This also means that if more than one permanently connected carbon monoxide alarm is installed in a dwelling unit, all such devices must be interconnected similarly to the NBCC and the CEC provisions for permanently connected smoke alarms.
However, such requirement is not specifically articulated in the CEC, and the installers of electrical equipment appear to be in the dark regarding this very important safety requirement of the Building Code.
Needless to say, Subcommittee on Section 32 of the CE Code has already recognized the existing gap between the NBCC and the CEC and recommended necessary changes to Rule 32-110 in order to capture installation requirements for permanently connected carbon monoxide alarms.
It is interesting to note that some jurisdictions do not allow use of battery-powered carbon monoxide alarms, but mandate only installation of permanently connected devices, similarly to the NBCC provisions for installation of smoke alarms.
Furthermore, these jurisdictions mandate interconnection of carbon monoxide alarms with smoke alarms installed in a dwelling to ensure that the safety alarm sounds will be expediently transmitted throughout the dwelling.
City of Vancouver, for example, has published an explanatory bulletin to interpret the requirements of the Vancouver Building By-law 2007 for installation of carbon monoxide alarms as follows:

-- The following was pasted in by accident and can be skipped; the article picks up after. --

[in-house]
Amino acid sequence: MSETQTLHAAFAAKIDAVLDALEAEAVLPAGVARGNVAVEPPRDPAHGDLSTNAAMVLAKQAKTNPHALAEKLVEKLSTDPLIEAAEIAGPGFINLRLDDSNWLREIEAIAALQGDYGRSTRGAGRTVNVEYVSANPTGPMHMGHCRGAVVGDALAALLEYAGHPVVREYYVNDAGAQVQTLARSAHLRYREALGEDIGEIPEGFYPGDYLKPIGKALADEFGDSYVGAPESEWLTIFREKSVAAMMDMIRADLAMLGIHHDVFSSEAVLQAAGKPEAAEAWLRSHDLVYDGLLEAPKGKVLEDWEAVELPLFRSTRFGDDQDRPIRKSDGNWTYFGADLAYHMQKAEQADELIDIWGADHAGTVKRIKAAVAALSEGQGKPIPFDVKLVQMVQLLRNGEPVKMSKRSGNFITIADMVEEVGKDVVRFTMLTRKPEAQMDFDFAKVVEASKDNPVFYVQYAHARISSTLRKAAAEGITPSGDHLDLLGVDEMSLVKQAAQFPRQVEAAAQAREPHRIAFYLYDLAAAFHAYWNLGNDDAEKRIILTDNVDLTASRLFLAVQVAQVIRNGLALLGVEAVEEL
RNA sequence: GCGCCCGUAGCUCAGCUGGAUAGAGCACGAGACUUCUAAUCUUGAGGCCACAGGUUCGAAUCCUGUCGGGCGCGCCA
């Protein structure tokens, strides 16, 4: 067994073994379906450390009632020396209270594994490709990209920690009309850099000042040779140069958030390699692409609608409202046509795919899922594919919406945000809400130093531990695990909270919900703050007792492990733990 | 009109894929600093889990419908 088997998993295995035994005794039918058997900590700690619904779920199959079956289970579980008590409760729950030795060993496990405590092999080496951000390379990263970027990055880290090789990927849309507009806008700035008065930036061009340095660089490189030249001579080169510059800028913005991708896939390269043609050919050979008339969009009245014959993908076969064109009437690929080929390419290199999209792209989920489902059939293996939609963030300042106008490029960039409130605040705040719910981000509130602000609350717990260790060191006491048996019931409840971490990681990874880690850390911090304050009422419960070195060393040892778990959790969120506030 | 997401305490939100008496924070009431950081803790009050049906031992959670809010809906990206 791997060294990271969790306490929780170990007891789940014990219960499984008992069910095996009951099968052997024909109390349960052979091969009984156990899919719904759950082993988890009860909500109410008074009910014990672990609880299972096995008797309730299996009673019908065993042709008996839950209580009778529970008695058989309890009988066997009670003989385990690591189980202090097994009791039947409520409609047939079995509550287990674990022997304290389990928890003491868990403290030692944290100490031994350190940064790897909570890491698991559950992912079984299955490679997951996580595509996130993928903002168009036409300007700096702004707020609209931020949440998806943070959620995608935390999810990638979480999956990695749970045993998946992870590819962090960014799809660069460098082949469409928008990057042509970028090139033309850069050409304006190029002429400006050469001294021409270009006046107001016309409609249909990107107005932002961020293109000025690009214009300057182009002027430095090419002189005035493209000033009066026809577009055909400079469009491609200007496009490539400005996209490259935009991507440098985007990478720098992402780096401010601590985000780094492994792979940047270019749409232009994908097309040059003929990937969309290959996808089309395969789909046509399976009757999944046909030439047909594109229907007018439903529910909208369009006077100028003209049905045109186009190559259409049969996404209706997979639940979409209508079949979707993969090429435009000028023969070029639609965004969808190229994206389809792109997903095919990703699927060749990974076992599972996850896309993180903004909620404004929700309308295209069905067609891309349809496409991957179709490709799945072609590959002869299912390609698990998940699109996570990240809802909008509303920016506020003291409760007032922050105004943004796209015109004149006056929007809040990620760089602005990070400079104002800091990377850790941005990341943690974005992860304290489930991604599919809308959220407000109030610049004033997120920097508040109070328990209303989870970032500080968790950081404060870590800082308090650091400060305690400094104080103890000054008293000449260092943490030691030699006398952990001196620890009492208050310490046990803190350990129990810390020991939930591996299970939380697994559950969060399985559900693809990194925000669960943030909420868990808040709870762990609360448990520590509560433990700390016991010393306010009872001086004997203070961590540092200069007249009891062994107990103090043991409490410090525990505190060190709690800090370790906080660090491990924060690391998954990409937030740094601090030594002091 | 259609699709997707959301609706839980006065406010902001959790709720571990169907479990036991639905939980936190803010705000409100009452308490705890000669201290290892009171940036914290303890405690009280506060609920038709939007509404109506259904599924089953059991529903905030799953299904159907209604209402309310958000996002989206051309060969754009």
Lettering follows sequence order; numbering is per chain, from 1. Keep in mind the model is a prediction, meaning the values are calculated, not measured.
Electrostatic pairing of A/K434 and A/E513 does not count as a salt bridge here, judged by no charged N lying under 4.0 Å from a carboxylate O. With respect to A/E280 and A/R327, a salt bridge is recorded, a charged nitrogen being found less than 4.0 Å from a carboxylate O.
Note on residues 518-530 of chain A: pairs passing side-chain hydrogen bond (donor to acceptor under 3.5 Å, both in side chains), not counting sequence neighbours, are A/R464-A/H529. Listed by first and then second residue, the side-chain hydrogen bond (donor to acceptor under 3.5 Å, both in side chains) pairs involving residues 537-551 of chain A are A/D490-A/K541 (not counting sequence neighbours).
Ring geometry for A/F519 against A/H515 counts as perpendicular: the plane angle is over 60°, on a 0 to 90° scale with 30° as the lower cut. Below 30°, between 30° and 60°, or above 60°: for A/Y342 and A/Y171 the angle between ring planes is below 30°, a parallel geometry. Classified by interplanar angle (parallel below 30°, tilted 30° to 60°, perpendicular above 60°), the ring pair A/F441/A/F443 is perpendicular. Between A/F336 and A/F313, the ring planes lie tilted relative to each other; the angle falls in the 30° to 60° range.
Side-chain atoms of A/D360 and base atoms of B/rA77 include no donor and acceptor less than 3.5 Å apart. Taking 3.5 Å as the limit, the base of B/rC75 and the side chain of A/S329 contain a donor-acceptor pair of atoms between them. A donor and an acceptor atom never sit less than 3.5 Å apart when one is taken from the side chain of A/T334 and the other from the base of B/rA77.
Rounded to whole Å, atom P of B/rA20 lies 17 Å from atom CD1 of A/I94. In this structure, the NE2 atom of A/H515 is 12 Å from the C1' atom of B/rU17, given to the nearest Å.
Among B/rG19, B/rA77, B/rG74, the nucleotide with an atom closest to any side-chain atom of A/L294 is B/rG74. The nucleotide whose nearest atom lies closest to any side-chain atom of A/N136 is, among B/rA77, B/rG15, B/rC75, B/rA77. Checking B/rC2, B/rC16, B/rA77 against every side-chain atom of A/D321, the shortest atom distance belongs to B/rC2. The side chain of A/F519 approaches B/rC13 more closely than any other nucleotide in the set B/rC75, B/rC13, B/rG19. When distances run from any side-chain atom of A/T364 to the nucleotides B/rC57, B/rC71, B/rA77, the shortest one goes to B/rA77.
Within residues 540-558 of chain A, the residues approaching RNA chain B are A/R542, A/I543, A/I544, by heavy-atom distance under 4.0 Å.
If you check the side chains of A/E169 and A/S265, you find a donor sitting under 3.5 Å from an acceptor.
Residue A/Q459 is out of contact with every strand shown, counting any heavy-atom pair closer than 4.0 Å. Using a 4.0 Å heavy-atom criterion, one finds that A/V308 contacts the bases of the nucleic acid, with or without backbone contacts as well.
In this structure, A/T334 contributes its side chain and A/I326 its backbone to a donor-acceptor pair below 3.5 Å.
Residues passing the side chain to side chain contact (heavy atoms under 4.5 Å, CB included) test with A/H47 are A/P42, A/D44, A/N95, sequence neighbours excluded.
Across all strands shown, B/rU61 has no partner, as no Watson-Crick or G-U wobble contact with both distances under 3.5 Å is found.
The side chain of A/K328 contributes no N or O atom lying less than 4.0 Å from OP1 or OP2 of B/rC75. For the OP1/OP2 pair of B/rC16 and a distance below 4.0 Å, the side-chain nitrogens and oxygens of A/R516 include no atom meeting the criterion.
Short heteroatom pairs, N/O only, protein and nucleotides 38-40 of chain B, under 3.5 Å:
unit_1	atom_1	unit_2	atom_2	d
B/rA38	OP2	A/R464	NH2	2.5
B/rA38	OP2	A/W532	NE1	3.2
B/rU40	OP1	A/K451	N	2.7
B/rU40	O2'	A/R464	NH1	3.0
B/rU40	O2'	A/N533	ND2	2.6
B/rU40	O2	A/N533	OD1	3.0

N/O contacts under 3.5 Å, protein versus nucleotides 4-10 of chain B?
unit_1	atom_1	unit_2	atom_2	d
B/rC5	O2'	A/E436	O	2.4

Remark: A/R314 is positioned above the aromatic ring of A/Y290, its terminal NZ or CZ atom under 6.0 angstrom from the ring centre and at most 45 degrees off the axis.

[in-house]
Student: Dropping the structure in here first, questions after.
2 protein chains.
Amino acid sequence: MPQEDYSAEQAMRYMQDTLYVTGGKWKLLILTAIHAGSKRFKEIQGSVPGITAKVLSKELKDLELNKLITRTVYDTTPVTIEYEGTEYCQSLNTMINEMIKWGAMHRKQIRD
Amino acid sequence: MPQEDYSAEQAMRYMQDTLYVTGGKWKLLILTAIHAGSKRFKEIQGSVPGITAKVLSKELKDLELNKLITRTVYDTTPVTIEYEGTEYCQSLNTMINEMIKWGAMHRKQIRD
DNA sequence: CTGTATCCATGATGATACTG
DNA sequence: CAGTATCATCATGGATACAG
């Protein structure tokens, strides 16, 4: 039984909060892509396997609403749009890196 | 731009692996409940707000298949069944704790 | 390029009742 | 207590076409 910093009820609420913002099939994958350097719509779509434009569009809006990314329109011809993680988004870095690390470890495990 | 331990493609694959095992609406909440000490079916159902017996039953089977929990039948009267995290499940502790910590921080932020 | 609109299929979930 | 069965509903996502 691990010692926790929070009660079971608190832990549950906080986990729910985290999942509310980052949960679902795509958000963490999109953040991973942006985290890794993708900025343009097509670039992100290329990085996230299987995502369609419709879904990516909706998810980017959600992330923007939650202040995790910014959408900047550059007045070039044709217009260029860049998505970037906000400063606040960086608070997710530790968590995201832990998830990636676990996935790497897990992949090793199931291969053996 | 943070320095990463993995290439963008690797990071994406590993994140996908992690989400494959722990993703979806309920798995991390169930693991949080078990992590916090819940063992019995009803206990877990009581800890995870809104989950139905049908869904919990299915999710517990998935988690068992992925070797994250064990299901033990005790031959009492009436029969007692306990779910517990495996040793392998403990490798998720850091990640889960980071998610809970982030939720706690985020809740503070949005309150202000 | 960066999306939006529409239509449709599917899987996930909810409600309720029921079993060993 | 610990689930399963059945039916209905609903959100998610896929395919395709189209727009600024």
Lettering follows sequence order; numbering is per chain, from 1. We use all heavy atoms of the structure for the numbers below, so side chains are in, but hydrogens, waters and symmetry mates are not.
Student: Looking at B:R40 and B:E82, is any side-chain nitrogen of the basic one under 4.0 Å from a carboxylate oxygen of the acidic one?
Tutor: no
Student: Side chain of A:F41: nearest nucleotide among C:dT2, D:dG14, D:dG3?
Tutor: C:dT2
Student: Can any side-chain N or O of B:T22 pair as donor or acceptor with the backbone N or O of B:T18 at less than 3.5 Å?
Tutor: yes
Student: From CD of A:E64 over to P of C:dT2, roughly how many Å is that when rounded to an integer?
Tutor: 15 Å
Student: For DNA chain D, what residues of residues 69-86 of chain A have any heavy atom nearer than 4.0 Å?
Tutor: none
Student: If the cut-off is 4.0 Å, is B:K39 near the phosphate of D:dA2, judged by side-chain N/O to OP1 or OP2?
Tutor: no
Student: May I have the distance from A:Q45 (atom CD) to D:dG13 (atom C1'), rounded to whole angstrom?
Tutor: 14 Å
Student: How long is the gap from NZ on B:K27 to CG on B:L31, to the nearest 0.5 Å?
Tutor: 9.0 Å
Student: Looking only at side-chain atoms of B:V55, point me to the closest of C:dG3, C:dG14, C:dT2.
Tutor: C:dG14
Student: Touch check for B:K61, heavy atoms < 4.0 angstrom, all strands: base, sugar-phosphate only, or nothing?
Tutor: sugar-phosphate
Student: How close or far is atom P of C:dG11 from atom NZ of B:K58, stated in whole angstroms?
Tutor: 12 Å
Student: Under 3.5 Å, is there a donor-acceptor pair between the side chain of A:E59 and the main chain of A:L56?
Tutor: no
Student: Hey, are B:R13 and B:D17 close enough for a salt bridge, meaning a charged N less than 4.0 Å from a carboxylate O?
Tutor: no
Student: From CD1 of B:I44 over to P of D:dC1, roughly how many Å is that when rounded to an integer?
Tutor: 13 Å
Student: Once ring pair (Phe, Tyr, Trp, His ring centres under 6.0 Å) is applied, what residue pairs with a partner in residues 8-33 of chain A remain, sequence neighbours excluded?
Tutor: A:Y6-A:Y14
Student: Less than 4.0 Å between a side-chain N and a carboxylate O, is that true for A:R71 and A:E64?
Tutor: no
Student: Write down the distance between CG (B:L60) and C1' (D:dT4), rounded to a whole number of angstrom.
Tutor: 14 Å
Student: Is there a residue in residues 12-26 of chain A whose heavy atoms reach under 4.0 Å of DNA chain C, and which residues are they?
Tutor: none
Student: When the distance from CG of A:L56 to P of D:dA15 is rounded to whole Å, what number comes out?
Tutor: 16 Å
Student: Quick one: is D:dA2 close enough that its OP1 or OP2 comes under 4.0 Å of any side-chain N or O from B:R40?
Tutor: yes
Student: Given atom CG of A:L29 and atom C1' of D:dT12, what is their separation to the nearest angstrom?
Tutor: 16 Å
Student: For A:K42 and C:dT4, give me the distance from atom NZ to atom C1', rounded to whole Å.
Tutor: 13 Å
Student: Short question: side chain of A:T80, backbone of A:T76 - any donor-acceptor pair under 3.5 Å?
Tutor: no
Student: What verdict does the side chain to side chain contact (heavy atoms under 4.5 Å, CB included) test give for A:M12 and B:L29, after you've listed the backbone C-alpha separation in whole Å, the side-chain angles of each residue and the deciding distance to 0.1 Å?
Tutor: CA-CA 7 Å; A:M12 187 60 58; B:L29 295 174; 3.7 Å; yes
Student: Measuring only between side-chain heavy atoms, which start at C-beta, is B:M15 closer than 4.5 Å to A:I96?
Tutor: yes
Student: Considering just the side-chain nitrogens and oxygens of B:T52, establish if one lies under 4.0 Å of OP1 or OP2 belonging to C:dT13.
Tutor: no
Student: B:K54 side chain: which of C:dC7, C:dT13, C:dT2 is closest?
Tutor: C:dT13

1. Sentence 22.214.171.124.(2) to be read to require that carbon monoxide alarms: “be permanently connected to an electrical circuit and shall have no disconnect switch between the overcurrent device and the carbon monoxide alarm, and be wired so that its activation will activate smoke alarms required by Article 126.96.36.199”
2. Sentence 188.8.131.52.(2) to be read to require that carbon monoxide alarms: “be permanently connected to an electrical circuit and shall have no disconnect switch between the overcurrent device and the carbon monoxide alarm, and be wired so that its activation will activate smoke alarms required by Subsection 9.10.19”
This interpretation by the city of Vancouver was intended to improve performance and reliability of the required carbon monoxide alarms by mandating their permanent connection similarly to the requirement for connection of smoke alarms, and by mandating interconnection of carbon monoxide alarms with smoke alarms installed in a dwelling unit.
It is also interesting to note that the industry has immediately responded to the Building Code requirement in respect to carbon monoxide detectors by introducing an approved combination of a smoke alarm/carbon monoxide alarm.
Although each of these separate devices is designed and constructed in accordance with different standards, the Underwriters Laboratory of Canada (ULC) certifies such combination devices that meet the NBCC specific requirements for location of smoke alarms and for location of carbon monoxide alarms and such combination devices are readily available on the market.
Although this article intends to provide general information on this important life safety issue, the authority having jurisdiction must be consulted in each case of installation of these devices in order to meet specific requirements of the AHJ for this particular subject.